Two weeks ago I started to teach my regular first year course of linear algebra and discovered a new phenomenon: unlike their predecessors, the new cohort of students no longer understand the expression “This system of equations is consistent”. “Consistent with WHAT?” — I was asked. I suspect the misunderstanding comes from the extremely popular American TV series “Crime Scene Investigations” (a whole TV channel runs them, in several version: CSI Las Vegas, CSI Miami, CSI NY, and even some military (navy) vesion), where the word “consistent” can be heard a dozen times in every episode in phrases like “The fructures of the scull are consistent with the victim being hit over the head with an obtuse heavy object”. This is a professional legalistic slang; for the viewer, I am afraid, as a result of hundreds unchallenged repetitions, the expression “is consistent with” now means “PROVES THAT”.

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**Alexandre Borovik**| February 14, 2010## Consistent with WHAT?

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Is the problem that they don’t know the concept of “consistency” (http://en.wikipedia.org/wiki/Consistency) or that they think they know that it means “proves that”?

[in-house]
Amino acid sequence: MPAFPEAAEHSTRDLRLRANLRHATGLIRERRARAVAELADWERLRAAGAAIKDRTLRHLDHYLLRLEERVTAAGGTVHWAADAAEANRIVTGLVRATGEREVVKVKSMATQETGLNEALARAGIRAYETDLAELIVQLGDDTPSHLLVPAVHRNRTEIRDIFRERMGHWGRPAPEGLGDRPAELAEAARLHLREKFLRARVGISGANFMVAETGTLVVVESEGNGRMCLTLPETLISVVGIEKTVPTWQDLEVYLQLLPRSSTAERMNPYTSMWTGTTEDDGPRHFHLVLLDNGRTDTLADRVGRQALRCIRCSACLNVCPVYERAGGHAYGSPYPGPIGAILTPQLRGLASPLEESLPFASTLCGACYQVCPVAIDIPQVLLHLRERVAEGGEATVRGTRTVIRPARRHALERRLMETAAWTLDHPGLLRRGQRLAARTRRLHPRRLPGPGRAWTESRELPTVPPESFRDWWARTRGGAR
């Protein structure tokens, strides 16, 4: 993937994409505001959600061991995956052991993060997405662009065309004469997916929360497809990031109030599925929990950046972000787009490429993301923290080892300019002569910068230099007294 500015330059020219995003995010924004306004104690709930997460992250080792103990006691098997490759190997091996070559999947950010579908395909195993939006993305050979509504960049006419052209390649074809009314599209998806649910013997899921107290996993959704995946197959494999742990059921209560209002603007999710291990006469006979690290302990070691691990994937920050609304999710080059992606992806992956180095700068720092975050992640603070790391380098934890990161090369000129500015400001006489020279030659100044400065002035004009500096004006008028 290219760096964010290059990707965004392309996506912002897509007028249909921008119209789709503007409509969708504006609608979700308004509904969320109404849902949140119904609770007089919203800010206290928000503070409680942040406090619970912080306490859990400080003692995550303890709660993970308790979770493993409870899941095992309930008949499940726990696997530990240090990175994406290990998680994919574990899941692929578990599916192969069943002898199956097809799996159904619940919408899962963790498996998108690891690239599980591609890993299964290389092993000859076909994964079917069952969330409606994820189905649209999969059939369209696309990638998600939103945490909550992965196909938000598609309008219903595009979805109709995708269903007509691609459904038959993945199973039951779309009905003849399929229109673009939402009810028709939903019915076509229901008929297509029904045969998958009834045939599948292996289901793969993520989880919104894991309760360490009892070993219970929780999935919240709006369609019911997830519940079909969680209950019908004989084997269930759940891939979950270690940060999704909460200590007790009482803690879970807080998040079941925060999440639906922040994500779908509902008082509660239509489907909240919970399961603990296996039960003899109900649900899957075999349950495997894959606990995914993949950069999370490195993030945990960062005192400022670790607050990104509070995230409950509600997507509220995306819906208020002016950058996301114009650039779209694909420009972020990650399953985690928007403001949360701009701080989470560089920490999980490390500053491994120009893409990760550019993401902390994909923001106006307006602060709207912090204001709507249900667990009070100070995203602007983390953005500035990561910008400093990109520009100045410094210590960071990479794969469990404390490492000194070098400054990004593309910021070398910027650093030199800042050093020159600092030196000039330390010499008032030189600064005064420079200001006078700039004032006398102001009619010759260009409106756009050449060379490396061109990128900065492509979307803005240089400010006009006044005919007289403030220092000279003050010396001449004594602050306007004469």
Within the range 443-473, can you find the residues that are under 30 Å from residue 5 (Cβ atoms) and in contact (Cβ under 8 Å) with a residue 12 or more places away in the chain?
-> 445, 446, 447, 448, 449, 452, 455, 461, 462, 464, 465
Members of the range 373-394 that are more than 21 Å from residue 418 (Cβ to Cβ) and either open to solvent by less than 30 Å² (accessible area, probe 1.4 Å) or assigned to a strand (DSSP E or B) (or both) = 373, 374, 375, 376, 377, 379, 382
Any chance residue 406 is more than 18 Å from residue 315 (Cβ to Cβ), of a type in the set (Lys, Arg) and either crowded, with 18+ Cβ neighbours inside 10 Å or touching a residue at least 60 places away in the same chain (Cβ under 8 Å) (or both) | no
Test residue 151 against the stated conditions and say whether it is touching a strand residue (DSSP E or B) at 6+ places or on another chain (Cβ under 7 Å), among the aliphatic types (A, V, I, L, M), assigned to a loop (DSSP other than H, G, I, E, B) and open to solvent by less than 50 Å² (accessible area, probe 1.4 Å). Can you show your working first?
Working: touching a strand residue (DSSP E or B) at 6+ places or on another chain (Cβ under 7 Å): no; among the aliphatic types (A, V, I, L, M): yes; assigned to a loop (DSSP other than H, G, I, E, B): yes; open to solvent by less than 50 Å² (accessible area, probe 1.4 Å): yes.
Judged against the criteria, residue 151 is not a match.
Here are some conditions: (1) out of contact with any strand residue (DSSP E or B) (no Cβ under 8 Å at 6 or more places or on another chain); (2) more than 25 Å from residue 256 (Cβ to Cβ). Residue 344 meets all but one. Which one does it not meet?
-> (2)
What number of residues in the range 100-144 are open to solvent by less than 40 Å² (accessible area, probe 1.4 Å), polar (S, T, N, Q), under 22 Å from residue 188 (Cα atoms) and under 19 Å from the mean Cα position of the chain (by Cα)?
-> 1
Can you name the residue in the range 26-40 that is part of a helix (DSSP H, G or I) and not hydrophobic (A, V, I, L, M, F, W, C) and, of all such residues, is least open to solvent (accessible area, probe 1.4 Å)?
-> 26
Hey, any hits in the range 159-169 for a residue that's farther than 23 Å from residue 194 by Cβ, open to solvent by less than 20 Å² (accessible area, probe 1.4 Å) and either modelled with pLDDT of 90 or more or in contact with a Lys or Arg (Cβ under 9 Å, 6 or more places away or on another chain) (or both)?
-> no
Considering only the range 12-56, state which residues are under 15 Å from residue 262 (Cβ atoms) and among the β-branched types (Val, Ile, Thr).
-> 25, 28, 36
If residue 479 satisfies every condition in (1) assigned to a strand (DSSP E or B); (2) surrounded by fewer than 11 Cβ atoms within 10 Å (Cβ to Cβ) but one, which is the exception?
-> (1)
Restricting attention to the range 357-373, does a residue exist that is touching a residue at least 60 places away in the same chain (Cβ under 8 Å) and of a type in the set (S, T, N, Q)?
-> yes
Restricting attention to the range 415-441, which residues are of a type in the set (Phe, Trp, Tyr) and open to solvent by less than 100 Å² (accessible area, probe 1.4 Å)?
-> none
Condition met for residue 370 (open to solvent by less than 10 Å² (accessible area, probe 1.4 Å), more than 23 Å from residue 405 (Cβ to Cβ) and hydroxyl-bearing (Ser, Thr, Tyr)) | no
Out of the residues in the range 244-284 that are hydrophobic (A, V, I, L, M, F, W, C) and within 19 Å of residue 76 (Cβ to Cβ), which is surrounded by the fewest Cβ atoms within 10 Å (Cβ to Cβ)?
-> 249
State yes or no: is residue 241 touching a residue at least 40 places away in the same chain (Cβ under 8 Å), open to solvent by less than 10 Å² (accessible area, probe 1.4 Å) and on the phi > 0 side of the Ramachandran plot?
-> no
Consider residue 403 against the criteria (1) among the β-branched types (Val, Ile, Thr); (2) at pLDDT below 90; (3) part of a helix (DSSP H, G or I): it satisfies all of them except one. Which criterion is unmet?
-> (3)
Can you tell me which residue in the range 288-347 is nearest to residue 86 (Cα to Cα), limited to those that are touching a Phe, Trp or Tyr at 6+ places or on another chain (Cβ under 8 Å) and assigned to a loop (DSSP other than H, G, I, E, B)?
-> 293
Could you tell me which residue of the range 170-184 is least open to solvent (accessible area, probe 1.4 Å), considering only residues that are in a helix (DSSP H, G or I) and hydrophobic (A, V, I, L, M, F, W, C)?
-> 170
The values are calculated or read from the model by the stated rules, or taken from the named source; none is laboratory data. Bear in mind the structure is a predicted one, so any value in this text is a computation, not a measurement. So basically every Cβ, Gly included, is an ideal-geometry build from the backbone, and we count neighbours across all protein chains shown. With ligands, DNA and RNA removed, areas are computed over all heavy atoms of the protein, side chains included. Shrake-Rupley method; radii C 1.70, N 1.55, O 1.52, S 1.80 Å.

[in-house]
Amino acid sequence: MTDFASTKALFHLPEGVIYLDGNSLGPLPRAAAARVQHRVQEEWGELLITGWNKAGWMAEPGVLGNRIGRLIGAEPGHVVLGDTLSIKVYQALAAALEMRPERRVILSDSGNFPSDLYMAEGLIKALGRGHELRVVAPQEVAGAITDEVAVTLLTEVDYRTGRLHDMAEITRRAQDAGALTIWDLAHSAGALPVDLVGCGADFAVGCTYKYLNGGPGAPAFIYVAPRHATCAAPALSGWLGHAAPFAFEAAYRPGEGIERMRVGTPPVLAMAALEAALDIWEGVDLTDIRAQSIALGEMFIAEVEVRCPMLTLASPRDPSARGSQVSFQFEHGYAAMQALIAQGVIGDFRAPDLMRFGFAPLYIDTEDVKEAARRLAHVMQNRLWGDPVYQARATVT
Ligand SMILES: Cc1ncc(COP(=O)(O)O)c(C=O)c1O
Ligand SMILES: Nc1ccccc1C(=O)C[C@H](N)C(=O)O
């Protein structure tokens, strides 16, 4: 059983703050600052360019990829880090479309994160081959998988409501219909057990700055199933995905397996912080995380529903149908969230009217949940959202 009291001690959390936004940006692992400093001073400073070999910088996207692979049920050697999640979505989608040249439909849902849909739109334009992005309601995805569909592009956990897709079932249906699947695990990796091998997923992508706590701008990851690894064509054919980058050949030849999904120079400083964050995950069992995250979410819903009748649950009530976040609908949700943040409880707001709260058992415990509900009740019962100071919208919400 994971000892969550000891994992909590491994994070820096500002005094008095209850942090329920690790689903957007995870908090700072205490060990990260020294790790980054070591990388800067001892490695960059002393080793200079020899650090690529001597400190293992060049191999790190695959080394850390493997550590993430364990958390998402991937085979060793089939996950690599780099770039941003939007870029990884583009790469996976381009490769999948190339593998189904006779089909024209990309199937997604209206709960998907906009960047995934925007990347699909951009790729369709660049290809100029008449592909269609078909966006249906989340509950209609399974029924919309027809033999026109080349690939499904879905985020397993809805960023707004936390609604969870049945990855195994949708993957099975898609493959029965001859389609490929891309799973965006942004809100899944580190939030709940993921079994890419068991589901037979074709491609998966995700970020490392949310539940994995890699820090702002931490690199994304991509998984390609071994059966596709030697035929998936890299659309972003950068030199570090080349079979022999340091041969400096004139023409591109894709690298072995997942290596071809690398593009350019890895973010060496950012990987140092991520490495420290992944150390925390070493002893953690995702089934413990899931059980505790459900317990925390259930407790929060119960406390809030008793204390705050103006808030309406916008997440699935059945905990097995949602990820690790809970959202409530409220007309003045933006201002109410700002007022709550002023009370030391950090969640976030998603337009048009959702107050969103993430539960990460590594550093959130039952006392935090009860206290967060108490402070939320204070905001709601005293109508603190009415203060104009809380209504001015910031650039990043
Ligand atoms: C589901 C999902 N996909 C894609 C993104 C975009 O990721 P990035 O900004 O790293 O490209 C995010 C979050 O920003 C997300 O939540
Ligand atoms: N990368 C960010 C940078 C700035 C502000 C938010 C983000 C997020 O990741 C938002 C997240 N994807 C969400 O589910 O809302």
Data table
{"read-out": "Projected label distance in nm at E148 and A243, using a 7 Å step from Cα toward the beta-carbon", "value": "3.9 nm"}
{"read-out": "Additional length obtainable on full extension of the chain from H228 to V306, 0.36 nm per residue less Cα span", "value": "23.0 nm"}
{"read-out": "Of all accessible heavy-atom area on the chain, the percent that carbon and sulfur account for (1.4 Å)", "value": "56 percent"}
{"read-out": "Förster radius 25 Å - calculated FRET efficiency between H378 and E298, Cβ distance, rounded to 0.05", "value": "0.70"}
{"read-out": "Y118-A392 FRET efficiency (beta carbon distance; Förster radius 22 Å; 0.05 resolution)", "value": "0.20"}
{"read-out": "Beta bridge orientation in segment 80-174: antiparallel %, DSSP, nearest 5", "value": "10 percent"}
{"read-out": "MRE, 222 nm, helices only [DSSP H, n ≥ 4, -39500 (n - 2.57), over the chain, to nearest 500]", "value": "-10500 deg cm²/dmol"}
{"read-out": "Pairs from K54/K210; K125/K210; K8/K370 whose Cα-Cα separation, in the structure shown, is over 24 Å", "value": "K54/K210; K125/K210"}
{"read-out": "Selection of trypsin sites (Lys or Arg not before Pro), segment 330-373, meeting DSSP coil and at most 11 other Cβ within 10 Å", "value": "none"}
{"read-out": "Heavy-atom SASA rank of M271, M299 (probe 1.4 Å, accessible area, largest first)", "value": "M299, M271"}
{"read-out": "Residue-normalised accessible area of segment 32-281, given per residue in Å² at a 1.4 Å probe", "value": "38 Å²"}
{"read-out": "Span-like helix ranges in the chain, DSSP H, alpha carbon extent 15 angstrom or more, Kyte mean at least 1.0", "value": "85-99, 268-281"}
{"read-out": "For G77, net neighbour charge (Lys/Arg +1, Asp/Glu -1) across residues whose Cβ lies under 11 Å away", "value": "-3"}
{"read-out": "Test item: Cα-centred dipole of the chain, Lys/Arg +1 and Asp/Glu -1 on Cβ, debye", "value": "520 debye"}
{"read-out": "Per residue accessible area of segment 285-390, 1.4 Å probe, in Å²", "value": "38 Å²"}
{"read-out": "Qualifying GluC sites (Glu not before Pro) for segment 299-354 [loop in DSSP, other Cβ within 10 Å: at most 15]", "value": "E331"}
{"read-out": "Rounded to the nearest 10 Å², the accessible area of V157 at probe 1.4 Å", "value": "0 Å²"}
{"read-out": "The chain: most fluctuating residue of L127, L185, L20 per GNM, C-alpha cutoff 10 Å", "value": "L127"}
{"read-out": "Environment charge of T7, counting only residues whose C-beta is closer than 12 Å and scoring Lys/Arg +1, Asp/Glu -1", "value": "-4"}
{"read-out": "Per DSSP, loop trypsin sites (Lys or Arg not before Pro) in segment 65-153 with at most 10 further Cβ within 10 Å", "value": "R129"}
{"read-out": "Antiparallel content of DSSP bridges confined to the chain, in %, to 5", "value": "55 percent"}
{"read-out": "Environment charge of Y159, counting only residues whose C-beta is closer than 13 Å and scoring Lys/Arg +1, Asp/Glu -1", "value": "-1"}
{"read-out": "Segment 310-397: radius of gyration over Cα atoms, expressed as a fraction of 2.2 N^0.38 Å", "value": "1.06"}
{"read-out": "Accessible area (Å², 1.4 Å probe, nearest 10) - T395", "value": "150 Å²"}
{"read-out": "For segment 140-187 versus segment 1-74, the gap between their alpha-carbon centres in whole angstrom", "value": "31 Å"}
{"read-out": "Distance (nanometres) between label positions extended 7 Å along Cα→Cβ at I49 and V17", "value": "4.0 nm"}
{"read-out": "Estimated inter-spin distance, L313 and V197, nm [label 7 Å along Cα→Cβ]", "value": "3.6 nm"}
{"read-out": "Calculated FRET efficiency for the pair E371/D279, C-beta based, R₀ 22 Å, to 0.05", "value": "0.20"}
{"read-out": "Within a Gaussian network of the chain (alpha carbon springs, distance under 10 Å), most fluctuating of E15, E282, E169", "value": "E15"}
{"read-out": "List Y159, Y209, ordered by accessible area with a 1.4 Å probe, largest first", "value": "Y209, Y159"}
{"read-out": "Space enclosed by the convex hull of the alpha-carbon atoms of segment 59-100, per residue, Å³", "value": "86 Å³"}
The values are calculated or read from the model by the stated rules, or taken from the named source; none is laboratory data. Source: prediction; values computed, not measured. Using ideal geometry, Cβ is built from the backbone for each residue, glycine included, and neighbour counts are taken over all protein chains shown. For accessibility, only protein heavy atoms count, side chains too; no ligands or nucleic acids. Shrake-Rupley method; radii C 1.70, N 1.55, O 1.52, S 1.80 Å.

Would it help if you would say: “This system of equations is consistent within itself”?

By:

Quidamon February 14, 2010at 1:53 pm

“This system of equations is consistent within itself”: yes, this is what I eventually explained to my students.

By:

Alexandre Borovikon February 16, 2010at 9:35 am

“This system of equations has a solution.” 😛

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Vekyon February 14, 2010at 2:42 pm

The CSI usage of “is consistent with” is not merely a legalist phrase; it is common in contexts in which one is making inductive inferences. The data do not prove the hypothesis, but if they are consistent with it then the hypothesis is supported by them. (Of course merely logical consistency with the hypothesis is not enough, else every hypothesis would be supported by any irrelevant datum.)

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grey mclachlanon February 15, 2010at 11:43 pm

Even in the context of CSI, “agrees with”, “doesn’t rule out” seem to be better interpretations of “is consistent with” than “PROVES THAT”. The reason is that a sentence like

“The fractures of the scull are consistent with the victim being hit over the head with an obtuse heavy object”

is merely saying that “the victim being hit over the head with an obtuse heavy object” and “fractures of the skull” COULD occur in that order, not necessarily that it DID or MUST. Just that one thing doesn’t rule the other out. In this sense, the meaning remains largely in tact even in the context of systems of equations. Each equation is a statement and so we can talk about one statement not ruling another statement out i.e. we can ask

“Is this equation (resp. statement) consistent with every other equation (resp. statement) in this list?”.